Gradually there was clarity – there were 10 terrorists in all. But these are not like those cowards who would cowardly plant the bombs in trains, in markets or in theaters. Experiences of bomb blasts seemed nothing compared to this. How well prepared and motivated these 10 Pakis must have been to battle India right here! And it wasn’t over yet! They had come with full knowledge that they will not be going back from here. Only ‘they’ can have that kind of motivation.

In the meanwhile commandos were dropped on the roof of the Jewish Center from a helicopter! Utterly unimaginable! A chopper dropping commandos in the most congested part of Mumbai and that was ‘not for a film shooting’. Both terrorists there were killed by our forces; but not before they had killed everyone inside there. There was a heart-warming story of a little boy being saved by his nanny.

Oberoi was next to get sanitized. All the terrorists were killed by NSG not before many guests and staff had lost their lives. To face bullets inside the most familiar and secure place must have been utterly unbelievable experience for everyone. Dozens of grenades were hurled inside the plush suites of the old wing of Taj in an effort to destroy them somehow. Most rooms were on fire on top two floors. Smoke was bellowing from large windows under those prominent Taj domes.

Finally 9 terrorists were killed. I saw one of them falling out of a ground floor window in Taj in the hail of Indian bullets, ‘live’. That was satisfying; but other than this, I had seen so much of real blood on the floor of CST, innocent poor passengers lying around. Print and TV started showing images where they could not reach during the carnage, all this was adding to collection of images on my mind…

This piece is being written in an effort to get back to writing. I take my motivation to write from incidences that unfold and affect me. But after those 60 hours long war, nothing else felt important enough to affect me. Everything seemed too small or insignificant to care about. I suffered a 3-year long ‘writer’s block’ borne out of ammidyphobia… I had a fright that Taj would collapse right in front of my eyes or it will never look the same again.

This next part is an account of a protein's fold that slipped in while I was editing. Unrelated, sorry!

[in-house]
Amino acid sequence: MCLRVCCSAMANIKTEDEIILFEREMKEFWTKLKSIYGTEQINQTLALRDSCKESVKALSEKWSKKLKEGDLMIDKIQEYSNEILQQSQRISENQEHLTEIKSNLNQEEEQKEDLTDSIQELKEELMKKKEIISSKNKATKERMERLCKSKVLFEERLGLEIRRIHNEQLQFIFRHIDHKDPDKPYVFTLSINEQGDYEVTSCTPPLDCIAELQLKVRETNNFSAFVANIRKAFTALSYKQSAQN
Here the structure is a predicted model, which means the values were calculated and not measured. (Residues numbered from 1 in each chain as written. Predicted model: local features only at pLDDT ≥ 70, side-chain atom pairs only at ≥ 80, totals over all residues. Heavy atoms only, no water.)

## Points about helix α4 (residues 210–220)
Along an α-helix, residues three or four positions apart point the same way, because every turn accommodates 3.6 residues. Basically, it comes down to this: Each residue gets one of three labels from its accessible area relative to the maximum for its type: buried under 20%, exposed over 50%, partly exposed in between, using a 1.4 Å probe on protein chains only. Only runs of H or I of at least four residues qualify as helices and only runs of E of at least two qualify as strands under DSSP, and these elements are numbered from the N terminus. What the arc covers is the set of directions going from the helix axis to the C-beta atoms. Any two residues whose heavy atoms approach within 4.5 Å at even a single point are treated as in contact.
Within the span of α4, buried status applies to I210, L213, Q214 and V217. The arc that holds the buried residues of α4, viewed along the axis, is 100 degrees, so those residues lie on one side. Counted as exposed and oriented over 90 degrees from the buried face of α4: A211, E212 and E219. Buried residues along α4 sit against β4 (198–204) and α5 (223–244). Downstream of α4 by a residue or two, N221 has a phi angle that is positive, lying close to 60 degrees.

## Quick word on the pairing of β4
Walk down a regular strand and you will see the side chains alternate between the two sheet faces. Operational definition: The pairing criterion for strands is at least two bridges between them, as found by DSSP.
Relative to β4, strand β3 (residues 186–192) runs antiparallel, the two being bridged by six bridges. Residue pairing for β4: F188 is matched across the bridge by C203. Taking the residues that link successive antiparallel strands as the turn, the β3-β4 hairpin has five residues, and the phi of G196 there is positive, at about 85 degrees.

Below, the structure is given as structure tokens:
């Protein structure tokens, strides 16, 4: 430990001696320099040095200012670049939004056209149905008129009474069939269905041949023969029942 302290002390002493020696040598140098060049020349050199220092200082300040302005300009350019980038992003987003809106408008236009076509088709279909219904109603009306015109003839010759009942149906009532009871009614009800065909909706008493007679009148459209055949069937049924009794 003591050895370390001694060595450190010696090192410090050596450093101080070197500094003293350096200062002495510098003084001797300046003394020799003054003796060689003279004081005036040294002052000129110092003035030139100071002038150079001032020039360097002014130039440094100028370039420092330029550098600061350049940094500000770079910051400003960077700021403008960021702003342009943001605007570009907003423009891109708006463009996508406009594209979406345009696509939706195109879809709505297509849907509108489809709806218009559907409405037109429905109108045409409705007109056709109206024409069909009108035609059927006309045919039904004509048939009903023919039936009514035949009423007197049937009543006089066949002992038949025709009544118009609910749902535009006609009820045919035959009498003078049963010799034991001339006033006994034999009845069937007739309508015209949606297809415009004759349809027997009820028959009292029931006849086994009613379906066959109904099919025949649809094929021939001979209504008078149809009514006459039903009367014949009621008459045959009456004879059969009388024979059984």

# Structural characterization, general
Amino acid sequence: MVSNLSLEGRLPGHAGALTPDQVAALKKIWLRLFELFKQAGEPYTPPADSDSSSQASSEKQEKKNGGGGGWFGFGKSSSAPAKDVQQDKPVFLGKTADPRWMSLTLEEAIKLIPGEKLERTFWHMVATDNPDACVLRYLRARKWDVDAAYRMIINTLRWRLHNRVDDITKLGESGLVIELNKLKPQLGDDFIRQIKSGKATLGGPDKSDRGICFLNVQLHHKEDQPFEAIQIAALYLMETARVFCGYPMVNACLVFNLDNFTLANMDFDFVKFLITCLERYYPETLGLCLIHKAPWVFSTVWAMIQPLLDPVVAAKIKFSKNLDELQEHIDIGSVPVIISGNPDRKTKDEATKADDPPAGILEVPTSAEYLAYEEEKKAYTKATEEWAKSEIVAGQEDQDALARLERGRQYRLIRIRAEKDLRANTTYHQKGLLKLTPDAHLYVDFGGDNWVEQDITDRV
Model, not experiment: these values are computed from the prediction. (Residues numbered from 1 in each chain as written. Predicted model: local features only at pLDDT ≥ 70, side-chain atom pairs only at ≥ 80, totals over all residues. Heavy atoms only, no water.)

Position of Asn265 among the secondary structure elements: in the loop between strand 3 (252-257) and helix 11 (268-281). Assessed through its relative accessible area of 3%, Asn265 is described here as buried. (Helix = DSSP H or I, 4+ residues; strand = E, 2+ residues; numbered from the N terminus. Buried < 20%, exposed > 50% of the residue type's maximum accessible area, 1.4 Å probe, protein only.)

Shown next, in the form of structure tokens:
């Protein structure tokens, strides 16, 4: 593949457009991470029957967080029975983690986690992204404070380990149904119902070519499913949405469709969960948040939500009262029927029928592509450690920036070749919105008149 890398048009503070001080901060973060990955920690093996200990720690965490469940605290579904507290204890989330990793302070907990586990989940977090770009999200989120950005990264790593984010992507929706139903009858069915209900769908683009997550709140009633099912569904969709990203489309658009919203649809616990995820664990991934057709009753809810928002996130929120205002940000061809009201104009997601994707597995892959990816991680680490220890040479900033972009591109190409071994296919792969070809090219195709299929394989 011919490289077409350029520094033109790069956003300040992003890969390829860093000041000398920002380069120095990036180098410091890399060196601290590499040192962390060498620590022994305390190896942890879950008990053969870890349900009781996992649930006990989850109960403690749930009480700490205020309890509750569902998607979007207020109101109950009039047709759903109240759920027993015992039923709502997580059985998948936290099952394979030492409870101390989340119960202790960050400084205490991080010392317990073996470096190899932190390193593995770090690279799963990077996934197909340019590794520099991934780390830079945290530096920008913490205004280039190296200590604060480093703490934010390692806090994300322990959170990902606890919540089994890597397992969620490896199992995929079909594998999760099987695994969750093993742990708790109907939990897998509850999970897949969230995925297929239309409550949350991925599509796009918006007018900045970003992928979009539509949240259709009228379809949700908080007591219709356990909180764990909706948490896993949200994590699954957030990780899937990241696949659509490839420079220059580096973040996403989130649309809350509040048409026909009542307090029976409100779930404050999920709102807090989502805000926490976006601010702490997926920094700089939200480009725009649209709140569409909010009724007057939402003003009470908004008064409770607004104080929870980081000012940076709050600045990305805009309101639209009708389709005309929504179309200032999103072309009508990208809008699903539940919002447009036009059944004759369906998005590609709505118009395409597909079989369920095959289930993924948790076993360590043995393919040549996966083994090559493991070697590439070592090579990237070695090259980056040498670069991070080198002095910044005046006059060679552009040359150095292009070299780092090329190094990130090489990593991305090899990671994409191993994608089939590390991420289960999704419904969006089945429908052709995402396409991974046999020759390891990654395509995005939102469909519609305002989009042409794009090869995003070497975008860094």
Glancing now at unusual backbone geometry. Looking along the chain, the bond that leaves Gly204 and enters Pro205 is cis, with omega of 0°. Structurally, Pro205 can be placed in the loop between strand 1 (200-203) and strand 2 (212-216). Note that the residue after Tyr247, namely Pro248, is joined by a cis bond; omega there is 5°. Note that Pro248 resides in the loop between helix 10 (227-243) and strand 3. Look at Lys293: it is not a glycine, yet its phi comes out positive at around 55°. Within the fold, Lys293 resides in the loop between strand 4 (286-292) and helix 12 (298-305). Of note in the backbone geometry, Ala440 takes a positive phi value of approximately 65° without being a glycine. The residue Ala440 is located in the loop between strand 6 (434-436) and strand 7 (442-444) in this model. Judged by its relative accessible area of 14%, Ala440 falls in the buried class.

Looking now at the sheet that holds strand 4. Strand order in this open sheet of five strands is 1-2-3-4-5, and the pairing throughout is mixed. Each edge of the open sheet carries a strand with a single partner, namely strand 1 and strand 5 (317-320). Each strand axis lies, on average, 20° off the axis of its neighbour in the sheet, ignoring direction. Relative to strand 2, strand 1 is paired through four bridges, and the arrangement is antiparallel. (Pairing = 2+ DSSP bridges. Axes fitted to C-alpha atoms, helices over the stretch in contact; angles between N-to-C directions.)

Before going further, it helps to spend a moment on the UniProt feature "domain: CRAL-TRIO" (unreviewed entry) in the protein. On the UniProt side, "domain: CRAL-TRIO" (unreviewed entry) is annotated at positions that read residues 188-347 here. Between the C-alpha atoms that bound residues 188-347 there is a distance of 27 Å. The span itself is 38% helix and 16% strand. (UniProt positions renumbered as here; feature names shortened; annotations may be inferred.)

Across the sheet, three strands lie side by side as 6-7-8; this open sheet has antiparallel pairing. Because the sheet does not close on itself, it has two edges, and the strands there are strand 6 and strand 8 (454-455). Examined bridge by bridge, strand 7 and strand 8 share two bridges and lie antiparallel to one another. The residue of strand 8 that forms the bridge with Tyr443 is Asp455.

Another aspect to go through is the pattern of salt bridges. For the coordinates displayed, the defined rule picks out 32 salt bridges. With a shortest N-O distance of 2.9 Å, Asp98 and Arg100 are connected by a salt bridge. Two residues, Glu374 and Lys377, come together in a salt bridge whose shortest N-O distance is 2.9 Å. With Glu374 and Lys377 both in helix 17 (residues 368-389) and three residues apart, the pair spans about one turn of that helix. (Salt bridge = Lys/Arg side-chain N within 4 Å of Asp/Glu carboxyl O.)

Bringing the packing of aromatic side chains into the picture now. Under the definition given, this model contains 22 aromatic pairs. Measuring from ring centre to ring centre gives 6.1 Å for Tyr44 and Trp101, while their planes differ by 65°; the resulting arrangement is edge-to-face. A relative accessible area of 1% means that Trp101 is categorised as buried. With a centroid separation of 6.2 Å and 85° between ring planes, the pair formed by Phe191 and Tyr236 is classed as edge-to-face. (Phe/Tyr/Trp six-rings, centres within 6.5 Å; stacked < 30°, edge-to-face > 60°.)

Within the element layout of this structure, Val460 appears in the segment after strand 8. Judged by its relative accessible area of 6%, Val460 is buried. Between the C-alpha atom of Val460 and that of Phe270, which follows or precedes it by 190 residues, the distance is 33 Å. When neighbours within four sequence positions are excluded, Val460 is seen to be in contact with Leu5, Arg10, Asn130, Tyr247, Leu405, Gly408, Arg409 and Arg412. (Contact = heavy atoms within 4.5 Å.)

This year will be the 3rd anniversary of 26/11 and I wish to turn the leaf over and get back to my earlier sensitive self, by becoming ‘writer of small things’ once again. (29 October, 2011)

The terror carnage was played inside this railway station. Ajmal Kasab was the main terrorist here.

Feel Good Factor

These assorted snippets are from 2012.

In Mumbai there are so many roads, squares (Chowks) and gardens, that are named after film personalities. It has been on my mind for a long time to do a series of pictures on these plaques as my homage to these stalwarts or stars. Recently one fine day I was to go to down town for some work and took my camera along. I started shooting pictures with Mukesh Chowk, named after singer Mukesh at Nepean sea road.

Since 10 Jan, I am attending Swami Parthasarathi’s discourses on 13th chapter of Bhagwad Geeta. Its good fun. I am enjoying it thoroughly. Let me tell you something that Swami Parthasarathi enlightened us all, with. The first Shlok of chapter 13 is not included in many editions of Geeta. Geeta has 700 Shlokas in all, but if this Shlok is included, then the number goes to 701. He also told that chapter 13 and 15 are the most philosophical of all. They give you real insight about life, what to look for and what are the ways we should to go through it – to put it simply.